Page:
When Parkside Group’s Jennifer Wilson reached out Monday to let me know about her company’s victories in the Reed Awards for political campaigning, I asked, “Wait, that’s a thing?”
And what a thing it is. Awarded by trade publisher Campaigns and Elections, the prizes celebrate the best in political combat, which is quite often the worst in societal discourse. Many of the award names alone are enough to make you want to flee politics, eyes closed and ears covered (the worst way to flee).
Here’s a sampling of the most depressing categories:
- Best villain in a mail piece for a Republican campaign
- Best mail that never saw the light of day
- Best bare-knuckled street fight TV ad
- Best use of opposition research
- Best automated phone call
- Toughest radio ad
- Most sophisticated targeting with direct mail
- Best social pressure mail piece
Those categories were enough to make me wonder whether this democracy thing is really working out. Thankfully, there are more heartening categories:
- Best use of humor in a TV ad
- Best TV ad on a shoestring budget
- Best campaign comeback
- Best public affairs campaign
Parkside won for best mail piece for a congressional campaign for Rep. Thomas Suozzi, and most original TV ad for State Sen. John Brooks, and both wins by the two Democrats are instructive. Suozzi had an easy race in 2018, besting a virtually unknown Republican with little money named Dan DeBono by 18 points.
Suozzi didn’t have to fight ugly. So the winner for his campaign was a cheery multi-page spread that never mentioned DeBono. It highlighted the Suozzi family’s immigrant journey and his first-term fights for the environment, veterans and sensible health care reform.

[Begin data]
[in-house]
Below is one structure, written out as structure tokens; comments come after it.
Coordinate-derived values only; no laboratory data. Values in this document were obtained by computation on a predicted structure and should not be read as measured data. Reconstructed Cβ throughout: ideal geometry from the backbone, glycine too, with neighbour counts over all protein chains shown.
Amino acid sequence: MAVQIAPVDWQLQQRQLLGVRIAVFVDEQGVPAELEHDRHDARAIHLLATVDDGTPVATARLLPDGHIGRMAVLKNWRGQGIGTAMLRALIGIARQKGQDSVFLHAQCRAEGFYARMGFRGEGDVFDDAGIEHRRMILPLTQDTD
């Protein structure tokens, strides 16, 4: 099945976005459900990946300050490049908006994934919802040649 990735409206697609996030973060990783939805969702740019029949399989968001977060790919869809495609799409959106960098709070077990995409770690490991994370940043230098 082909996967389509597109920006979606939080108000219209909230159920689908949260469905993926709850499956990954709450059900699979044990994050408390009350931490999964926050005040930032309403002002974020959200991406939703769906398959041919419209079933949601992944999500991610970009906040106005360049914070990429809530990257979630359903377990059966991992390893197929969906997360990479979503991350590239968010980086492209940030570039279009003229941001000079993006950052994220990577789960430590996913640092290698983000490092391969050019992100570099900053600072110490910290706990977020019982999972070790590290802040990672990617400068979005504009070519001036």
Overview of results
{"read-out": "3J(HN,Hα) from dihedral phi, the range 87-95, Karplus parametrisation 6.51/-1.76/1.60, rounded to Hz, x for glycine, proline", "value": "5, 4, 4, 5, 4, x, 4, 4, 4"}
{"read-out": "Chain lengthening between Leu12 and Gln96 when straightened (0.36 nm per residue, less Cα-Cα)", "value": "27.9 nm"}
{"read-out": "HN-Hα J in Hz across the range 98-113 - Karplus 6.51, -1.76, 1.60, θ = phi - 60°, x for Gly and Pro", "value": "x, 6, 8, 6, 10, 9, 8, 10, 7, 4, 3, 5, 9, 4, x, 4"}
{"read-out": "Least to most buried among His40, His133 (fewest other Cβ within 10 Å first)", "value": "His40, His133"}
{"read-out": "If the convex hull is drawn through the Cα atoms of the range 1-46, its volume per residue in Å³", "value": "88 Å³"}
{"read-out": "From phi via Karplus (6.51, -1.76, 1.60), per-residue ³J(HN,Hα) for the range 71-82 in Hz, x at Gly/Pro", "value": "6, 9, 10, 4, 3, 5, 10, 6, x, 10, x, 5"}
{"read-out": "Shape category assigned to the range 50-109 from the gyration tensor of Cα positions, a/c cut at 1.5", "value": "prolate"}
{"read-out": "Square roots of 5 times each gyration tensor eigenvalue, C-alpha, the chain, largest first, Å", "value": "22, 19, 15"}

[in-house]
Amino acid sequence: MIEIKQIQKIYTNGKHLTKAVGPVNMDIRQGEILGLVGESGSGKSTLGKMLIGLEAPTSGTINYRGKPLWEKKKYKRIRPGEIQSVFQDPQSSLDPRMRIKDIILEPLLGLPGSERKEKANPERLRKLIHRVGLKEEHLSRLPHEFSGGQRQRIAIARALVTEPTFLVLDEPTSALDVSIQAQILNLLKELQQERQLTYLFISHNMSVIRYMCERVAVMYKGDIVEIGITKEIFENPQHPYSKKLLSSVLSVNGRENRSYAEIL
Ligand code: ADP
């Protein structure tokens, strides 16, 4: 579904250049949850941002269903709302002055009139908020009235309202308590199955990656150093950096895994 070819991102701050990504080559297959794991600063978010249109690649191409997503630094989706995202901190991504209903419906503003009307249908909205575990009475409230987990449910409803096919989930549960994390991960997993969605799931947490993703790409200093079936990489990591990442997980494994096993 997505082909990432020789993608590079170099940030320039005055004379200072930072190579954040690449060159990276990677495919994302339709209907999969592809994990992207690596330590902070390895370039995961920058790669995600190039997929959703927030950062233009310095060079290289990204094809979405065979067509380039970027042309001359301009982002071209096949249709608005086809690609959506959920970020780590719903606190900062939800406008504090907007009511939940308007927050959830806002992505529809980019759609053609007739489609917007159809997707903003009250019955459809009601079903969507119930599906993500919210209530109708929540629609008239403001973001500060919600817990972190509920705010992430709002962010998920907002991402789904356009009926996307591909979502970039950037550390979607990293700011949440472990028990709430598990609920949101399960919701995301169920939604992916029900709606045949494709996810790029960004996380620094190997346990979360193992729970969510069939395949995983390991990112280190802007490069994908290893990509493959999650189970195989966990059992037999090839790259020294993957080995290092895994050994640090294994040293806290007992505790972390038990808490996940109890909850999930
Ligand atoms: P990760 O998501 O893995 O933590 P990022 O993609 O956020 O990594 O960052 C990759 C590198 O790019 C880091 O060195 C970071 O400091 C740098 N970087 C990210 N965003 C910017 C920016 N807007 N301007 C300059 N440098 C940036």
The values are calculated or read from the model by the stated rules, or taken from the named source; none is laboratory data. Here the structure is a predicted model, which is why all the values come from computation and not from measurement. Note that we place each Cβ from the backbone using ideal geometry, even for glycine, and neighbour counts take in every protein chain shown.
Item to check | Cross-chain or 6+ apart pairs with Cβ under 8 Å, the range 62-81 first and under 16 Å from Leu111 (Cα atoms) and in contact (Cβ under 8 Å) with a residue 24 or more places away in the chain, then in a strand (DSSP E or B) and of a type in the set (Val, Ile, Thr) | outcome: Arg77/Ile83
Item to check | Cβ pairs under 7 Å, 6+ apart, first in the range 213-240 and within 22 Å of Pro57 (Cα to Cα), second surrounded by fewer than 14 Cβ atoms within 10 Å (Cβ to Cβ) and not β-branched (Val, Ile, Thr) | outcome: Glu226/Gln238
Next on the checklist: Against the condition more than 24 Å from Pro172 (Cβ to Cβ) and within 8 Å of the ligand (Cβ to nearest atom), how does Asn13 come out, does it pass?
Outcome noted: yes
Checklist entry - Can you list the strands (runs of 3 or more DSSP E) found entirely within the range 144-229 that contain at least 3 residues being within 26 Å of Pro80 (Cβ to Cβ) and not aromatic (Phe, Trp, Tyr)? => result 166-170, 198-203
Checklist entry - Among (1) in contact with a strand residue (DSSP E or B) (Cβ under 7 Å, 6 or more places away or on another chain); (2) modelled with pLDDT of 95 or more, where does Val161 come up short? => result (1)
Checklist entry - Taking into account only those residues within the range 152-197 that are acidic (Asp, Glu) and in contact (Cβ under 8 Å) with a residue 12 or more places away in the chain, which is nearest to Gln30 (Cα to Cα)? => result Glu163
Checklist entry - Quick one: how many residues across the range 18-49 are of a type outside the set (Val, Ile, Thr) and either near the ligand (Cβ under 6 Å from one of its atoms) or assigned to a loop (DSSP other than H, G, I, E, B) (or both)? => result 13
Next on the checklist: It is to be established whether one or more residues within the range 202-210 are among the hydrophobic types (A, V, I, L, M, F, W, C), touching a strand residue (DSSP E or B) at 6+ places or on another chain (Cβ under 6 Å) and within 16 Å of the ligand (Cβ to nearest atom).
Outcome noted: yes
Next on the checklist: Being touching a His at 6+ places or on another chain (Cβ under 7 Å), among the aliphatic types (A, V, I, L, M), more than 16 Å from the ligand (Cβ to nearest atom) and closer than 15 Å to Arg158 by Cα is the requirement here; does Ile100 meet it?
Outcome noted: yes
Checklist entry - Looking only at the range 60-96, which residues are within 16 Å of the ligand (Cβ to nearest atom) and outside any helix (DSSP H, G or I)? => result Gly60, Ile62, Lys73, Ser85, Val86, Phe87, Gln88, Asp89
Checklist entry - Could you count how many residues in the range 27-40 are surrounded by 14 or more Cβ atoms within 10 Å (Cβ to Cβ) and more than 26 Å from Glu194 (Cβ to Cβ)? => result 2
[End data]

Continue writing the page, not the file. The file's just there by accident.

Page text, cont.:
Brooks, though, was in a heated race against Republican Jeff Pravato that could have swung the State Senate. In real life, Brooks is rumpled, white-haired and gentle. But the ad, which accused Pravato of triple-dipping for pay as an Oyster Bay Town deputy commissioner, Massapequa Park mayor and real estate salesman, was brutal. It referred to Pravato as an “assistant crony,” “henchman” and “chief of double-dipping.”
That harsh tone, combined with significant creativity, competence and production values, was noticeable in many of the award recipients.
In the winner for best use of humor in a Democratic TV ad, Pennsylvania congressional candidate Denny Wolff rode in a “pro twin slinger,” showing how it spread three tons of manure a minute, “nothing compared to the lies Dan Meuser is spreading about me!”
My favorite piece, best TV ad for a bootstrapped campaign, had vignettes of a Democratic Arizona state senator and gubernatorial candidate ferreting out tax loopholes and health care policy improvements while his staffers geeked out with enthusiastic support, and an announcer booming, “Steve Farley for governor: Boring has never been so exciting!”
Farley, though, got shellacked in the primary.
I often hear that voter turnout would be higher if the campaigns were more substantive and policy-oriented and less negative and glitzy, but I’d guess the opposite is true. Our political campaigns are a reflection of our society, and the Reed Awards are aptly chosen.
That’s part of the problem.
Lane Filler is a member of Newsday’s editorial board.